Farmers and their Pre-postintervention Crop yield (maize, peanut, Energy intake similar in both No important differences in groups. Higher per capita wheat) design children 0–3 yr anthropometry, mortality, intakes of maize, peanuts, Intervention house- Household dietary intake Self-selected immunizations, or weanwheat, and protein and iron ing age in subsurvey of (24-h recall) holds (n = 227) vs. sample, owned in intervention than in con- 0–3-yr-oldsa control households Subsample: immunizamore land and trol householdsa tions, anthropometry, (n = 828) was therefore mortality, weaning age Subsurvey of chilwealthier dren 0–3 yr: interand more vention (n = 30) vs. literate than controls (n = 22) nonparticipants

Pre-postintervention Intake of vitamin A, height, weight, serum No control 2-yr follow-up, inter- retinol Clinical signs of VAD vention vs. VAC (xerophthalmia) vs. vitamin A fortification of MSG (n≈400)

None 31 types of agricultural interventions to increase productivity of local crops

Children in rural Promotion Philippines, Home garvillages of vitamin dens (vita1979, A–rich fruits min A–rich 1980 and vegetables fruits and [10] Solon et al., [11] vegetables) Deworming, medical care, Popkin pharmacy, et al. sanitation, immunization, health and nutrition education Dietary diversification or modification to enhance zinc intakes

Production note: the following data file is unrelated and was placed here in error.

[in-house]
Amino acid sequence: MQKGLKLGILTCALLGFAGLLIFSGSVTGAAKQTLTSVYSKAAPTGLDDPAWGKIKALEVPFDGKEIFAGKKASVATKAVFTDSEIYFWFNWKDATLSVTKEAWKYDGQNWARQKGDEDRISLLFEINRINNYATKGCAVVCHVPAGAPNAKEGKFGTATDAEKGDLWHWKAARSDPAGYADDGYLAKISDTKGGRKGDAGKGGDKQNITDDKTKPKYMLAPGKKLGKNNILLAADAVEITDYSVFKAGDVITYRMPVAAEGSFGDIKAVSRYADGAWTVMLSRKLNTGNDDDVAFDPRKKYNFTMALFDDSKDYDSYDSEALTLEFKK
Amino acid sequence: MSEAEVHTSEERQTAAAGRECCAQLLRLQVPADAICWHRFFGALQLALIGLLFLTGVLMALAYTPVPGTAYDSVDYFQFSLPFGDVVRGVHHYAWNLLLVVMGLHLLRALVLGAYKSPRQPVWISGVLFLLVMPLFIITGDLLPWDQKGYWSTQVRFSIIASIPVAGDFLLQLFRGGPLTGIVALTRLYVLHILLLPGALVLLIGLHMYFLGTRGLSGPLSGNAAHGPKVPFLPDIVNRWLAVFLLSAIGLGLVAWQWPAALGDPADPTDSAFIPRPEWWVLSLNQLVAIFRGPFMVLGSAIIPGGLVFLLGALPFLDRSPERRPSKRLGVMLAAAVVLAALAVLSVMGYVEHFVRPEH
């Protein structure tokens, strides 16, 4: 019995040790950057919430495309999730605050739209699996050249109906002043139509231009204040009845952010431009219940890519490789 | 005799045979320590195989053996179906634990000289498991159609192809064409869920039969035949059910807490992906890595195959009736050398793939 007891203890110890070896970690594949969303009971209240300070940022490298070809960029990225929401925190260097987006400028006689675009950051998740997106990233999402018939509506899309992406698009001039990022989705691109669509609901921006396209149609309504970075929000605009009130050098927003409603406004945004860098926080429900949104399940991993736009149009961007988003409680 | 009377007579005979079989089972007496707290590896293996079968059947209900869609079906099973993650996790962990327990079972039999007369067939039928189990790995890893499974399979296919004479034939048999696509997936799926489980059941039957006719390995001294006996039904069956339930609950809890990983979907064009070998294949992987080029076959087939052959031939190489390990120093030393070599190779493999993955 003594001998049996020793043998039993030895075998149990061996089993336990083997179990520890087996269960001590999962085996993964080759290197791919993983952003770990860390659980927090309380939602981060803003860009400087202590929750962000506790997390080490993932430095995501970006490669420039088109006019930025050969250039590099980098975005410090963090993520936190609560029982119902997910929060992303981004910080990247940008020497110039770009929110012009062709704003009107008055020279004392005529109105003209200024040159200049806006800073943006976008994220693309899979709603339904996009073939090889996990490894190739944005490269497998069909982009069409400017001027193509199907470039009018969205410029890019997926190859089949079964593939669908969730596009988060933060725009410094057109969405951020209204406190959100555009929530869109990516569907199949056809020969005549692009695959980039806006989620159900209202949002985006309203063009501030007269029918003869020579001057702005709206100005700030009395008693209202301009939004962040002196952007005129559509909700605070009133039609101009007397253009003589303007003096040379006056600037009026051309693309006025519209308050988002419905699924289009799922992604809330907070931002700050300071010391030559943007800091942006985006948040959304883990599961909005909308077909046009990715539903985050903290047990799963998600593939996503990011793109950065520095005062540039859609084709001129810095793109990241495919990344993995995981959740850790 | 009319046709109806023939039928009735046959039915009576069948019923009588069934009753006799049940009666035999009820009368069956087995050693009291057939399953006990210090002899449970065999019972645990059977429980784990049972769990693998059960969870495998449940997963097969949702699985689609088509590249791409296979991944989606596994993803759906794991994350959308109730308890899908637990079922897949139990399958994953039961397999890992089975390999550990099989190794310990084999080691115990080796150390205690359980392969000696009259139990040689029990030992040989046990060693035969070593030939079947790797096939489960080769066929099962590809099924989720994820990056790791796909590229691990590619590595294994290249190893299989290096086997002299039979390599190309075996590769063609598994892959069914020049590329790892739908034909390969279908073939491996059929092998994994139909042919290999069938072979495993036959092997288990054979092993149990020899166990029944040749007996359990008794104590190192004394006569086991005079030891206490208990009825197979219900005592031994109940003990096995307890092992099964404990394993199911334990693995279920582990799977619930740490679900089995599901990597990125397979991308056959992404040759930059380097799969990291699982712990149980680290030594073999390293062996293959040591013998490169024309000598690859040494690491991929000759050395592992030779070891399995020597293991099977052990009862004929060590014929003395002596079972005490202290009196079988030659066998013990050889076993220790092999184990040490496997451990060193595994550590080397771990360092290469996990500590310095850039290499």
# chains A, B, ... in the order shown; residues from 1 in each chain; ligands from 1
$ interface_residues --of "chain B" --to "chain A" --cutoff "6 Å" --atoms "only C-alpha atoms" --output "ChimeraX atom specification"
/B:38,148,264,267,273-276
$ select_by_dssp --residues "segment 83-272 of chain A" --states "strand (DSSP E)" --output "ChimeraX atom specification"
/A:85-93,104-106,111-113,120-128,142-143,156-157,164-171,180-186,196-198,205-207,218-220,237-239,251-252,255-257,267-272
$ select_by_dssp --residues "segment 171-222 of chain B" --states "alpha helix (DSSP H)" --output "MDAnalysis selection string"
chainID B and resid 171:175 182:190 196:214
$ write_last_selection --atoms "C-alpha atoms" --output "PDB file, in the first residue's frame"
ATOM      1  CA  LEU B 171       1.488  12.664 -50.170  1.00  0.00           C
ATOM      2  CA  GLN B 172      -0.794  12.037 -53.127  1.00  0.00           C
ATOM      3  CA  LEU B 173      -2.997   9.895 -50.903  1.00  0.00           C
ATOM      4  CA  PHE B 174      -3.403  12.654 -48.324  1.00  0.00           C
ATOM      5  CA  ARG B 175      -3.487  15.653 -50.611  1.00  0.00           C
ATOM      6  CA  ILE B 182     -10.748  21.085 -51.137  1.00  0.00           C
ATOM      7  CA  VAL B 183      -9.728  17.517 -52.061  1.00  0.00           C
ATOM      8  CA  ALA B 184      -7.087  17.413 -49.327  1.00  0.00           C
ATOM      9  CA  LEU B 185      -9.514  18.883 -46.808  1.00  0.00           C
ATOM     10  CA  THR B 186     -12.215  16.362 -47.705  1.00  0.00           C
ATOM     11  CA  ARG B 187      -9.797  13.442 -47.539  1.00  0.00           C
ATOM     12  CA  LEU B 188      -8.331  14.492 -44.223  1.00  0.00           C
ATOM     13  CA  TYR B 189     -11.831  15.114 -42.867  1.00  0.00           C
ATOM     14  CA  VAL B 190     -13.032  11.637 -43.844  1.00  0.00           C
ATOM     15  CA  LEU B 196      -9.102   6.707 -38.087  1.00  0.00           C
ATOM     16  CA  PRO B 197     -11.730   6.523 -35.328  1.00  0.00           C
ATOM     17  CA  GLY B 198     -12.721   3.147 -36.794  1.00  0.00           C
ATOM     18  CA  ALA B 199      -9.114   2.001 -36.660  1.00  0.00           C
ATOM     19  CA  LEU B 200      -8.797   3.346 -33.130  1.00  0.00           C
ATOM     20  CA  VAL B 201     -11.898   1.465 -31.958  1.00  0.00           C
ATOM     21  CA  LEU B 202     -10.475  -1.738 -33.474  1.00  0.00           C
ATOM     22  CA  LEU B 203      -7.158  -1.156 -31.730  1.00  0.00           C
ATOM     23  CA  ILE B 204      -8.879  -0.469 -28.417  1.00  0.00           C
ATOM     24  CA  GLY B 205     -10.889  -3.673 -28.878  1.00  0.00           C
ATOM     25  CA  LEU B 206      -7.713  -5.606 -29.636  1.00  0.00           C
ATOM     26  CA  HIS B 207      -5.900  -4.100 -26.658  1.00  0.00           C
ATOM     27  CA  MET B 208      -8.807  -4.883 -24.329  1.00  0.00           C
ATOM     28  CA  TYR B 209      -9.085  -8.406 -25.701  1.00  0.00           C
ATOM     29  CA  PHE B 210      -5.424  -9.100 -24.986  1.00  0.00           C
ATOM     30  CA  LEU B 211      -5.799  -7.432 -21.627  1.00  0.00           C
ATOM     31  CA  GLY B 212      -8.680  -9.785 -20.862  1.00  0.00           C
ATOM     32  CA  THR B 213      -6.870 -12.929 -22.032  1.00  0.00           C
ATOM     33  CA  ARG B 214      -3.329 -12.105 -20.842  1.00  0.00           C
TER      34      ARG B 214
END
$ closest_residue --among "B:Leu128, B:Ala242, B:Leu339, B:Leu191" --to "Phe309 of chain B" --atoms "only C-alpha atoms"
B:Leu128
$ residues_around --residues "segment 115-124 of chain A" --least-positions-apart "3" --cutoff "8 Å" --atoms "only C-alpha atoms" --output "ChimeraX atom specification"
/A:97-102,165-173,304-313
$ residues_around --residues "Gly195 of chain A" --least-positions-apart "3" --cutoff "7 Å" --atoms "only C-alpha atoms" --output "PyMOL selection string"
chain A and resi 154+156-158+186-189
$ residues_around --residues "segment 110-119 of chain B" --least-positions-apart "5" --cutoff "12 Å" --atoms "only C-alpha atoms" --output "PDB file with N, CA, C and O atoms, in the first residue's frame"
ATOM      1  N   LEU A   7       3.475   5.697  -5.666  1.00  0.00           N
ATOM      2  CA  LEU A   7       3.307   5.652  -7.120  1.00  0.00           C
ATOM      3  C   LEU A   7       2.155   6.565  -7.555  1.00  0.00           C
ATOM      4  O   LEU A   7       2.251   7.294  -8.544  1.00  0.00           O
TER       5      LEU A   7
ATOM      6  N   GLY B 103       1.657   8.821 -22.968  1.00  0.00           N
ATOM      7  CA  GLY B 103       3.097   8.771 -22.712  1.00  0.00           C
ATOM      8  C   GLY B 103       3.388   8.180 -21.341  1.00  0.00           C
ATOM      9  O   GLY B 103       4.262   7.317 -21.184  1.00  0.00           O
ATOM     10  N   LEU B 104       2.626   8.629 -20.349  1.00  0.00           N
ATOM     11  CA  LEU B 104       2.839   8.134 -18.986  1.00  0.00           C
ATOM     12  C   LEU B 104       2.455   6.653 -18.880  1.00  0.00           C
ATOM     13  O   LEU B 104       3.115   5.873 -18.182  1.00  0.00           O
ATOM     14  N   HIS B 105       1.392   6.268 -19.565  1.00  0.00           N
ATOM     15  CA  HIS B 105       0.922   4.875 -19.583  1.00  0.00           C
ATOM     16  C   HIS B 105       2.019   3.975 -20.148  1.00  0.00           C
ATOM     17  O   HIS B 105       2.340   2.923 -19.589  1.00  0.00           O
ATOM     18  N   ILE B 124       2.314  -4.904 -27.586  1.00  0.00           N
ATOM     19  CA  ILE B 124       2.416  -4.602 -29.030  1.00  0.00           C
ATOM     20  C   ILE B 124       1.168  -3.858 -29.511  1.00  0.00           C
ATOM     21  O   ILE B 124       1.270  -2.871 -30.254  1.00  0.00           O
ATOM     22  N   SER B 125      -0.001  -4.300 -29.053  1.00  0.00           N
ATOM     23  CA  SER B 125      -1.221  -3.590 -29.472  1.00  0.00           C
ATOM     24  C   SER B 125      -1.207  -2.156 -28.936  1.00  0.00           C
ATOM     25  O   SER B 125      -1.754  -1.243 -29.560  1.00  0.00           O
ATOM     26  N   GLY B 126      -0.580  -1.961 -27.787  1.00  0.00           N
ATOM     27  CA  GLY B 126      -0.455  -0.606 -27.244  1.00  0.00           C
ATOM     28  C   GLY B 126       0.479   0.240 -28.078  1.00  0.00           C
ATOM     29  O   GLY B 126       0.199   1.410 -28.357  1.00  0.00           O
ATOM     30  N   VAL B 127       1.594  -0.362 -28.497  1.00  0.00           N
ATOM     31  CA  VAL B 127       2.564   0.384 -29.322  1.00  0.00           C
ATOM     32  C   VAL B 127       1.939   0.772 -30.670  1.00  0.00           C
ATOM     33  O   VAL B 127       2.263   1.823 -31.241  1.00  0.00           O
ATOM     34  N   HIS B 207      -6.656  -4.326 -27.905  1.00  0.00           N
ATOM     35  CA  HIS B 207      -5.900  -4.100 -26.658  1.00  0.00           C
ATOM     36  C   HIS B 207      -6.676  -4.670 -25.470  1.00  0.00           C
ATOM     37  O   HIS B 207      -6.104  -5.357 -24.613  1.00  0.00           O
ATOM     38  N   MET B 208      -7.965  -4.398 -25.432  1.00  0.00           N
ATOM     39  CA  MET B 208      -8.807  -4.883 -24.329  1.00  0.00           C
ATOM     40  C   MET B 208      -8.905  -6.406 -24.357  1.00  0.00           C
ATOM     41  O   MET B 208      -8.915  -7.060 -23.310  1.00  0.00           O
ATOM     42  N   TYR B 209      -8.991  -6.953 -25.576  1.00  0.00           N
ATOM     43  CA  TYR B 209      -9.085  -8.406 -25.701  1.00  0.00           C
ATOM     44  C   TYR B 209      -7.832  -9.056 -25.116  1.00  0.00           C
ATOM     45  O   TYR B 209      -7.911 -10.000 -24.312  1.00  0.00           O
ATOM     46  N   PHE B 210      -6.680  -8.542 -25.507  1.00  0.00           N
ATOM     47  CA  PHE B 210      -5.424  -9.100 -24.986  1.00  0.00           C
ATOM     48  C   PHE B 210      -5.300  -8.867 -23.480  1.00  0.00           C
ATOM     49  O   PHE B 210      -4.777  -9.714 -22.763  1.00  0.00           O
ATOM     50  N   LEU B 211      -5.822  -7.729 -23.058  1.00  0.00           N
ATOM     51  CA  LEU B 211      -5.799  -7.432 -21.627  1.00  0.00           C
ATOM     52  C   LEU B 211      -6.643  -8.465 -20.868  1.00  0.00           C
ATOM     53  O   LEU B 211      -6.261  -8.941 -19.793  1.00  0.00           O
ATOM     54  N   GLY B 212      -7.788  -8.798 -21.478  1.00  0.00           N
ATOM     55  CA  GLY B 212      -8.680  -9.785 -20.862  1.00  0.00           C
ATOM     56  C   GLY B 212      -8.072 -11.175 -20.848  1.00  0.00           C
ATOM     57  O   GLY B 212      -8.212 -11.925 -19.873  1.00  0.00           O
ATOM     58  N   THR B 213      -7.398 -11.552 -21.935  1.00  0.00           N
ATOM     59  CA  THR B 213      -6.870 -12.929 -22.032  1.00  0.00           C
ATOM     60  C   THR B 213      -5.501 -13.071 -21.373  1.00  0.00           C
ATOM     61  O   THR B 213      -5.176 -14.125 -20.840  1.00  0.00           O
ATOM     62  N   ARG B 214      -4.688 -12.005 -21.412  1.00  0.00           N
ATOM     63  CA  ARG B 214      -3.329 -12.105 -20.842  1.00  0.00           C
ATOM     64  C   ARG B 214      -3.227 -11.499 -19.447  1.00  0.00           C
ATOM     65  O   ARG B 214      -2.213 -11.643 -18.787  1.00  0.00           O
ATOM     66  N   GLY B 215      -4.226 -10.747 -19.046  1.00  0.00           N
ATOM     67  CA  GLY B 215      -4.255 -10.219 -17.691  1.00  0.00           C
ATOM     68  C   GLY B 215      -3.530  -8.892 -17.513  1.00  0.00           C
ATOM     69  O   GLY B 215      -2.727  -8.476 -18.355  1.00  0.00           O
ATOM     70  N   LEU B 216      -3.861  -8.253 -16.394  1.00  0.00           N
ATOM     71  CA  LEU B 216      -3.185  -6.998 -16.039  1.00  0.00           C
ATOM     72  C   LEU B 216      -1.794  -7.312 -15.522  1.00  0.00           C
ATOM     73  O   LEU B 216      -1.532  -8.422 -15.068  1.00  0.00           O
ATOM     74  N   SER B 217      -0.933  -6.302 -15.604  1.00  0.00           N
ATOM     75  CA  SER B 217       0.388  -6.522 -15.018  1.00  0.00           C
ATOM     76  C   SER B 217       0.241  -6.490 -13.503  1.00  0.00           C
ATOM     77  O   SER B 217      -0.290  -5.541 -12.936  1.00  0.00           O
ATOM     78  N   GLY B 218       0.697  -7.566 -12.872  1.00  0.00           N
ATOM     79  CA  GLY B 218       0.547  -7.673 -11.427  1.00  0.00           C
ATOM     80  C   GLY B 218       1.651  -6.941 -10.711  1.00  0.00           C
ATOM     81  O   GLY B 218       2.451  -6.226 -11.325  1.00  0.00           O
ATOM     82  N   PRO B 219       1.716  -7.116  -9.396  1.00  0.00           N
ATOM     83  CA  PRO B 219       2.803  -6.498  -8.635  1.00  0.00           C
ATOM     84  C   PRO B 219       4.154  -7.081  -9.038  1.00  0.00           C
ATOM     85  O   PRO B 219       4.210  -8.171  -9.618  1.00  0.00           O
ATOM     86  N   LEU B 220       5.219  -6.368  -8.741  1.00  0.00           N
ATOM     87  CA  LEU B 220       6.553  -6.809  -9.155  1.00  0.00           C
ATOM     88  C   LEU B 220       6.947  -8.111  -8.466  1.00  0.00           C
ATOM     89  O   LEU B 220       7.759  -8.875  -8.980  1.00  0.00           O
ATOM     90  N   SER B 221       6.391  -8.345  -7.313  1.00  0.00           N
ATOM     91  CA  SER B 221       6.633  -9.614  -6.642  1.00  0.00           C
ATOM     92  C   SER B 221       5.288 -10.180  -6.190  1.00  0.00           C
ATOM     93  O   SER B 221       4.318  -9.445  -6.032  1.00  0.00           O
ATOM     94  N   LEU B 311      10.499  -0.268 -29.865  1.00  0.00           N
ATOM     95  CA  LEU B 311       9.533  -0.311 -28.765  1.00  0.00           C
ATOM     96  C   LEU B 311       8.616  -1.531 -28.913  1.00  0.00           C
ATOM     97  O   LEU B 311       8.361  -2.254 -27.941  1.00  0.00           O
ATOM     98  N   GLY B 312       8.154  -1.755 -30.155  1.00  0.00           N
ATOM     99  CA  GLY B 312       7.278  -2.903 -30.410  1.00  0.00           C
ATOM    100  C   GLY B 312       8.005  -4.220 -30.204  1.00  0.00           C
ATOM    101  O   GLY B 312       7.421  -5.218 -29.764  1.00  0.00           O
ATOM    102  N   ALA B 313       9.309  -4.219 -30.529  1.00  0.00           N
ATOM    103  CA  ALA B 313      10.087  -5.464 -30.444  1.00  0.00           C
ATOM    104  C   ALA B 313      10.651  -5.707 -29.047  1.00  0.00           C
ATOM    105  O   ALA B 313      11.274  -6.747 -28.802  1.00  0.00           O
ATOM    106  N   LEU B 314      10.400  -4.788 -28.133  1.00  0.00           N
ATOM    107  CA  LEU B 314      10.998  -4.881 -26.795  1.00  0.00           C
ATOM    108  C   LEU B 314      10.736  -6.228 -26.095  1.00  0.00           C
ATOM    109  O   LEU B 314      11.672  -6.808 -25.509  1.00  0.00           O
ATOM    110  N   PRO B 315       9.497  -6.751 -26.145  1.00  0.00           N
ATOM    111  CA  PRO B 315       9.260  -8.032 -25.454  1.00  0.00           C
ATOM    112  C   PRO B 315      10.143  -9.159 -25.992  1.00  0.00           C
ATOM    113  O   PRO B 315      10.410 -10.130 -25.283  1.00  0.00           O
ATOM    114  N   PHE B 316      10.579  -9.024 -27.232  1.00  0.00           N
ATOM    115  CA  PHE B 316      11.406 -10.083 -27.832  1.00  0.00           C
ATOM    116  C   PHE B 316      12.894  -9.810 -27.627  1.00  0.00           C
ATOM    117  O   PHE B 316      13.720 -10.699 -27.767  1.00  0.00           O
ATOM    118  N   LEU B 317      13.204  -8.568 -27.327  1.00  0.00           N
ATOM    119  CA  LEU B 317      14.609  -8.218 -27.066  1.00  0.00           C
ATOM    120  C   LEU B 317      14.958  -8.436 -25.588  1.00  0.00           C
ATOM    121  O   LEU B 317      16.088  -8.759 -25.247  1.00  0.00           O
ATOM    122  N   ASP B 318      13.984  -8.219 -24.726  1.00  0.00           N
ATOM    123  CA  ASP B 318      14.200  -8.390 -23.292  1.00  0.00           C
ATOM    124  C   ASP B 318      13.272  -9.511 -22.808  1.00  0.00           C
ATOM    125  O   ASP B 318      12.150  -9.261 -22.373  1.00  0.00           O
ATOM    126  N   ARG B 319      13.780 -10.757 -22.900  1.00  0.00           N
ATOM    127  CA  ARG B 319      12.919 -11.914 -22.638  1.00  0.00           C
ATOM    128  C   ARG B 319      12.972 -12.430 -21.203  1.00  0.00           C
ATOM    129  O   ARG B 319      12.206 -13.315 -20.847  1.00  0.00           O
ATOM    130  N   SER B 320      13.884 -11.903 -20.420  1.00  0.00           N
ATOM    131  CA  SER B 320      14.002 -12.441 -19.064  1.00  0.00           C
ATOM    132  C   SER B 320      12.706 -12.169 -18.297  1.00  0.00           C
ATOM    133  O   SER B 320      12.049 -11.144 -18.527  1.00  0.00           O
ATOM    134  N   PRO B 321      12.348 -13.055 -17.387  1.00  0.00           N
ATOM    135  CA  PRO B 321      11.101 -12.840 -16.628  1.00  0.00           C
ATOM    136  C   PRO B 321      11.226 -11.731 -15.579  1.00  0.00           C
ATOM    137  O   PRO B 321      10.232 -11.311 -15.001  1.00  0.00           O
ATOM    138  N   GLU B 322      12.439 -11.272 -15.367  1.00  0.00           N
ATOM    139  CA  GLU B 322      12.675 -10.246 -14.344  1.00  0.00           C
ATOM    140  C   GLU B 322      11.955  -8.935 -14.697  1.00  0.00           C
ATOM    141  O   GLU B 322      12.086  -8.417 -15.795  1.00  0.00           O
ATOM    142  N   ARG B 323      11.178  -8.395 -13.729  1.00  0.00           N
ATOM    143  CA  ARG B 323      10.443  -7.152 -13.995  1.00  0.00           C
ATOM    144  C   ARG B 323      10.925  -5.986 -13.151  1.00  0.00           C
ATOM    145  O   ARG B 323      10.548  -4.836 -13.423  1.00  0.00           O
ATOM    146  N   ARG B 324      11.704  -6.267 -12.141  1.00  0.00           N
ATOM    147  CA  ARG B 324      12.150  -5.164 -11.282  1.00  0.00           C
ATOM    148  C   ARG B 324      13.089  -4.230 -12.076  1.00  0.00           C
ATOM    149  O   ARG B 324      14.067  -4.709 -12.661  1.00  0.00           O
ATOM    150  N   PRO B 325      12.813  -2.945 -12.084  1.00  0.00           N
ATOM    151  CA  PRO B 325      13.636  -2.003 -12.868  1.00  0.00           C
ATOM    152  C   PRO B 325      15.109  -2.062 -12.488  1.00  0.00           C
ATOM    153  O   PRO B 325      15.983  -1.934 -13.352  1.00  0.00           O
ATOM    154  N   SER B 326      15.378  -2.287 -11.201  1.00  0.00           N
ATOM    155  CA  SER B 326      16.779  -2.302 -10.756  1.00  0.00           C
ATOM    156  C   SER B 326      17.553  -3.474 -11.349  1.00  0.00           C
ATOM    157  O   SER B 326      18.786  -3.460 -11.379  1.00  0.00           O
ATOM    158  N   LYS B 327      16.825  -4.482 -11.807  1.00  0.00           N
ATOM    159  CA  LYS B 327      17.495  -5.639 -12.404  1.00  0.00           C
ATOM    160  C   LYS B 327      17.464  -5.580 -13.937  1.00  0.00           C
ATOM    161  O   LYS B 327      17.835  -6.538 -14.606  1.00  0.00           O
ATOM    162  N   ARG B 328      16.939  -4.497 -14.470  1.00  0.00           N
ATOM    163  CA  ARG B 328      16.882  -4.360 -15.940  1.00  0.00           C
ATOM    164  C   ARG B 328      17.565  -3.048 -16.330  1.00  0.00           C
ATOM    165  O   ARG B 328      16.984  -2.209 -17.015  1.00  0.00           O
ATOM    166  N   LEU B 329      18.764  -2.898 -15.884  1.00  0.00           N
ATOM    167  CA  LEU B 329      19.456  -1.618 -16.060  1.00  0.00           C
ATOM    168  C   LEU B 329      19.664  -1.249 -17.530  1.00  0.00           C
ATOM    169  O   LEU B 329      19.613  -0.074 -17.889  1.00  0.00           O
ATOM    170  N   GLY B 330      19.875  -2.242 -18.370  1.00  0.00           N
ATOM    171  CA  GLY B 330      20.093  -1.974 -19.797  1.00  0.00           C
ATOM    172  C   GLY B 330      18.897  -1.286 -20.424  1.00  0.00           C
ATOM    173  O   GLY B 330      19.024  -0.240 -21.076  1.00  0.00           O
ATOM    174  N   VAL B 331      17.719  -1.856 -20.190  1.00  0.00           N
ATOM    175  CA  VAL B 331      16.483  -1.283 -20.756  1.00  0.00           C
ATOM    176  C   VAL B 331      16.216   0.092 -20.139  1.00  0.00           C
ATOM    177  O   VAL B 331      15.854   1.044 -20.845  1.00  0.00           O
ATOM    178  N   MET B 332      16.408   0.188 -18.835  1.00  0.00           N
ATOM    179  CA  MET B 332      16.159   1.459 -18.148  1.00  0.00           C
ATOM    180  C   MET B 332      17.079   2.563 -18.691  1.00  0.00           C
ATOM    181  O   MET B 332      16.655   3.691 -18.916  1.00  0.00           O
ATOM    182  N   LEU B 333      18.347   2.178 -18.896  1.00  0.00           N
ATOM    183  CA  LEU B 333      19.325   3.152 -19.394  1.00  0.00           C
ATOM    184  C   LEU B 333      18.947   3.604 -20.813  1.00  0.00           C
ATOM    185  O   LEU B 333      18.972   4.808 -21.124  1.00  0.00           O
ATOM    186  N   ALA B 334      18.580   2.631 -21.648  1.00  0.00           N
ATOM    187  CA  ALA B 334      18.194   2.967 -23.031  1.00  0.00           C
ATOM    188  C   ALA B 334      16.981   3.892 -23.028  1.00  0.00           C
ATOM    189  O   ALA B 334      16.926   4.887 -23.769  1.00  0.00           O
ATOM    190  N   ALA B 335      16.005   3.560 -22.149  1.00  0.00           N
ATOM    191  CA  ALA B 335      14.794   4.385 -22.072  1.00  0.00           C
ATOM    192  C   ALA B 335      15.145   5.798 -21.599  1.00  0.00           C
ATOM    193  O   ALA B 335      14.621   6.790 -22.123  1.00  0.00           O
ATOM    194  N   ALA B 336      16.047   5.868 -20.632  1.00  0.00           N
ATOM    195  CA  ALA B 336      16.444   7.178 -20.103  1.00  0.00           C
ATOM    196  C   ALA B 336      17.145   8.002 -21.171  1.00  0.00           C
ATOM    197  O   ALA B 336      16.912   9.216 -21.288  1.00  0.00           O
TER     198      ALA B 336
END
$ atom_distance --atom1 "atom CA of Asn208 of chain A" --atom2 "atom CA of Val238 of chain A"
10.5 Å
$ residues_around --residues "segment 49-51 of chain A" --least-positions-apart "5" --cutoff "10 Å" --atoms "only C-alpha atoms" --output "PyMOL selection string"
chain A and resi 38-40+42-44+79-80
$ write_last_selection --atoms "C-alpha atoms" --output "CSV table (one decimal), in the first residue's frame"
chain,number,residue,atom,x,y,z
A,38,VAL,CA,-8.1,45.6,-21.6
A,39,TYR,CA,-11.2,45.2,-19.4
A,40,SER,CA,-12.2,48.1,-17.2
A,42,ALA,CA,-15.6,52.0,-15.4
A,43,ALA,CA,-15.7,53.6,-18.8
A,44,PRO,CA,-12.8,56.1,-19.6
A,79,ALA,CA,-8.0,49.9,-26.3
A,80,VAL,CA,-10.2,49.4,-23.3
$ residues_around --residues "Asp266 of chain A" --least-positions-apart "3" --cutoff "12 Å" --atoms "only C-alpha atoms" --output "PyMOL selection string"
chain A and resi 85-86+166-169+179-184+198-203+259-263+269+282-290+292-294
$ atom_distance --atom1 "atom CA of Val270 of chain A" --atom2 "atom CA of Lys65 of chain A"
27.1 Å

S113

S114

eggs (~1.0 to 1.3 mg of zinc/100 g), dairy products (~0.3 to 1.0 mg of zinc/100 g), or finfish (~0.3 to 0.7 mg of zinc/100 g for flesh only; ~3.2 mg of zinc/100 g for whole, soft-boned fish with bones) [17]. However, very few of these interventions have quantified the changes in intakes of total or bioavailable zinc. Animal-source foods can also contribute important and varying amounts (per 100 g or per MJ) of vitamin B12, vitamin B2, readily available iron, calcium, and preformed retinol, depending on the type of animalsource foods consumed. Nevertheless, because of design limitations in the interventions reviewed, such as lack of baseline data that include intakes of total or bioavailable zinc, and appropriate controls, the strength of the evidence for enhancing intake and bioavailability of dietary zinc through production or promotion of animal-source foods is rated as moderate. Detailed review of evidence